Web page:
I felt like I had been punched hard in the gut when I heard the news. I immediately started sobbing and couldn’t stop. My own breathing became staggered, and Dakota immediately cuddled up to me, sensing something was wrong. I was supposed to see Oliver today, and now I will never get to say goodbye. Couple that with the constant guilt I have felt since deciding to get him placed in a new home, and the pain is almost unbearable. And yet, I know we all did the best we could for this little dog in the three weeks he was with us. Surely he felt the love that so many had for him in his final weeks.
But I am still heartbroken. He was only five years old. He didn’t deserve this and it pained me so much just to look at him and know that he was suffering. I hated that I could do nothing to help him, to stop him from getting worse. I hated that this dog, who still had the tiniest bit of will to fight, the tiniest bit of life in him, just couldn’t live anymore.
I never asked for this and I certainly never wanted this. No one wants to take in a dog for the last weeks of his life and basically watch him die. But I always tell myself in regards to dog fostering that it isn’t about me, it’s about THEM. It’s about saving, or trying to save, lives that other people deemed unworthy… of rescuing dogs that other people abandoned, gave up on, or threw away. I don’t foster to be a hero or for the praise, I do it to save the dogs. I did my best for Oliver, but it could never have been enough; he couldn’t be cured.
It is the saddest sight in the world to watch a dog with a serious illness get increasingly sick. It is the saddest feeling to know that you can do nothing to stop the sickness from taking over his body. It is the saddest thing to imagine that this once healthy, beautiful, energetic puppy is now a five year old who is dying way too soon. It always sucks to lose an animal, even one that was only yours for a short amount of time, but you know what? The love is always worth the loss in the end.
I laid on the kitchen floor in front of his bed and cried the night I first learned he might have cancer, almost two weeks ago now. Sobs took over my body and I shouted to Oliver how sorry I was that I couldn’t save him. I stroked his head and he looked at me with his huge brown eyes and he seemed peaceful, forgiving. He was alert, something he usually wasn’t, and he seemed to be listening to my words. I think he knew that I tried and that I was sorry. He knew that he was sick and he probably mourned the days he had infinite amounts of energy. I mourned the impending loss of a dog I barely knew but already loved.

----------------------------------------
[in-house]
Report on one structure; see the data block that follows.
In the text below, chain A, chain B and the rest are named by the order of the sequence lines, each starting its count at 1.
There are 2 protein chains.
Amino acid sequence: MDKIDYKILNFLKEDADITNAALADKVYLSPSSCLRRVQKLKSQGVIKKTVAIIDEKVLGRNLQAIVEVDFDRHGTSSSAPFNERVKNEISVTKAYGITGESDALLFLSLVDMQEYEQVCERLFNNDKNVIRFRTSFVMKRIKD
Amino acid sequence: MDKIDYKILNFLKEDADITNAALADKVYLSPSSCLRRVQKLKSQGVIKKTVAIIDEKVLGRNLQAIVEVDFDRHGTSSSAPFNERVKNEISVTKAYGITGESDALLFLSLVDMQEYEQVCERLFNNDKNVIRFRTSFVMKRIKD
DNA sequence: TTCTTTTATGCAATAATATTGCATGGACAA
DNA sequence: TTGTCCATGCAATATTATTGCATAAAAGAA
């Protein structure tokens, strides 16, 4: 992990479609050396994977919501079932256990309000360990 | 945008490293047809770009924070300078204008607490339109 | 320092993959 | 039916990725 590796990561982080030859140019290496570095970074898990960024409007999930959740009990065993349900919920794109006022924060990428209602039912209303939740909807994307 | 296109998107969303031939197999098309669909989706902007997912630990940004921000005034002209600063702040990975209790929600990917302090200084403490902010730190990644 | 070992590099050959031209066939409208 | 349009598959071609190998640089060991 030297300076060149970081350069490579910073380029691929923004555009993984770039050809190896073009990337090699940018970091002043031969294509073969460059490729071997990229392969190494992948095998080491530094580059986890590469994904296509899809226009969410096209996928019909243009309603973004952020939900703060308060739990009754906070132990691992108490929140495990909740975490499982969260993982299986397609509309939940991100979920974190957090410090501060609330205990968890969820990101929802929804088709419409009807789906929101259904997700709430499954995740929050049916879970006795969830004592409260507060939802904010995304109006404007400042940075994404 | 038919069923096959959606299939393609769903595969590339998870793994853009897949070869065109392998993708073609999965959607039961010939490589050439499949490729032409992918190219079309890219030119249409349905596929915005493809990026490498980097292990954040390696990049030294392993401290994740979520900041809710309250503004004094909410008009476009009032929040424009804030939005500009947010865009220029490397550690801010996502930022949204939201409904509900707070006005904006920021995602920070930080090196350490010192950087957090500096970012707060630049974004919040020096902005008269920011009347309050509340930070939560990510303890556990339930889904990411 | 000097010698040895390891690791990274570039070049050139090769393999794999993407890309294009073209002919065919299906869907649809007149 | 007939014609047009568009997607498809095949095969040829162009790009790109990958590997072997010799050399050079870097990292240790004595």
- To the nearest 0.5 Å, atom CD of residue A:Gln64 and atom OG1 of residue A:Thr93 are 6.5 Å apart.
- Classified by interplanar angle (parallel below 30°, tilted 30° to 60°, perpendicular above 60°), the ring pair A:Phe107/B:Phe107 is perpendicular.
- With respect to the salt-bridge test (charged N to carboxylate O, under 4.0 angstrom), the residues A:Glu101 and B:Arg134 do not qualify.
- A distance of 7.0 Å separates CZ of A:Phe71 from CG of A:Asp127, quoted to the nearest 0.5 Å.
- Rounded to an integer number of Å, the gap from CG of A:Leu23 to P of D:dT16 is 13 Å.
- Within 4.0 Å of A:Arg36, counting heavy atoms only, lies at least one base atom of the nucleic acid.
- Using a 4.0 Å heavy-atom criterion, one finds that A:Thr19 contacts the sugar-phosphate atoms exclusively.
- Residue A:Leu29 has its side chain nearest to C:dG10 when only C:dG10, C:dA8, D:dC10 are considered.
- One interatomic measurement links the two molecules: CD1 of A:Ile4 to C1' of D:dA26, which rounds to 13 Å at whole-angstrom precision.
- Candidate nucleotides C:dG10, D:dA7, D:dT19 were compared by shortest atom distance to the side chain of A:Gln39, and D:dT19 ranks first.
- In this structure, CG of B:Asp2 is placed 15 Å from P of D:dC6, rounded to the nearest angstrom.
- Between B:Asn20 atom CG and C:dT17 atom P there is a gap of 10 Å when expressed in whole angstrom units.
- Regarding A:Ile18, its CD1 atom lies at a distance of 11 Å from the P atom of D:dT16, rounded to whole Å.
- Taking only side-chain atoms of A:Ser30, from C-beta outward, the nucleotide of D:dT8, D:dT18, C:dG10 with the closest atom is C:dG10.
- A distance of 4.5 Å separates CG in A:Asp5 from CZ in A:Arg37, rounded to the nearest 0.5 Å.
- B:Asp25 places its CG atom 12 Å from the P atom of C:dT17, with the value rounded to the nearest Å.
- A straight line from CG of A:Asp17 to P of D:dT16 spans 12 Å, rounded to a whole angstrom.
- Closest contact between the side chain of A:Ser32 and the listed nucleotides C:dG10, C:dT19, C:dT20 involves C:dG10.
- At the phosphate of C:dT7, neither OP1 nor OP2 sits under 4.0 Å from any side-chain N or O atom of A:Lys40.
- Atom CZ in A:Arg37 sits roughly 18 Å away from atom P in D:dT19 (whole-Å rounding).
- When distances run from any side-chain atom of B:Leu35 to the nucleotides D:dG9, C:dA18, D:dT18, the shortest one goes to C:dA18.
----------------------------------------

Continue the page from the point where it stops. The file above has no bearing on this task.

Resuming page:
Dogs are put on this Earth for one reason only, and that is to be loved. Loving Oliver meant doing what was best for him even if it was hard, even if there are regrets and a million “what if?”questions running through my mind. Should I have had him placed in a new home or should I have kept him? No, it would have been selfish – he needed round the clock care. What if I had done this or that instead? Nothing any of us did could have cured his disease. The best thing we could do for him was to let him go and be at peace and so we did what we had to… for Oliver. I’ll miss seeing his angel face when I come home, bellowing “Olivero!” up the stairs, but I won’t miss watching him wither away. He didn’t deserve this disease, but he deserved love, and that was the one thing we COULD give him.
All I can say now is that I was lucky to be Oliver’s mom for a little bit of time. It was emotionally draining, but I am glad he didn’t live the rest of his life in that shelter where he was abandoned. I’m glad that my family and friends showered him with love and affection. I’m glad that, at the very least, the last three weeks of his life were full of love (and chicken). I do believe that everything in this world happens for a reason, and I believe that for whatever reason, we were chosen to be Oliver’s family (if only for a moment). I was chosen to be his mama, so no matter how much it hurts, I know that this was meant to be and I am trying hard to push away the guilt and regrets. The other thing I know is that no matter how hard goodbyes are, sometimes they are necessary. I know that Oliver is right where he should be. He is a happy carefree puppy again, no longer in pain. He is eating mountains of chicken and squeaking his toys in heaven. And I was privileged to be his.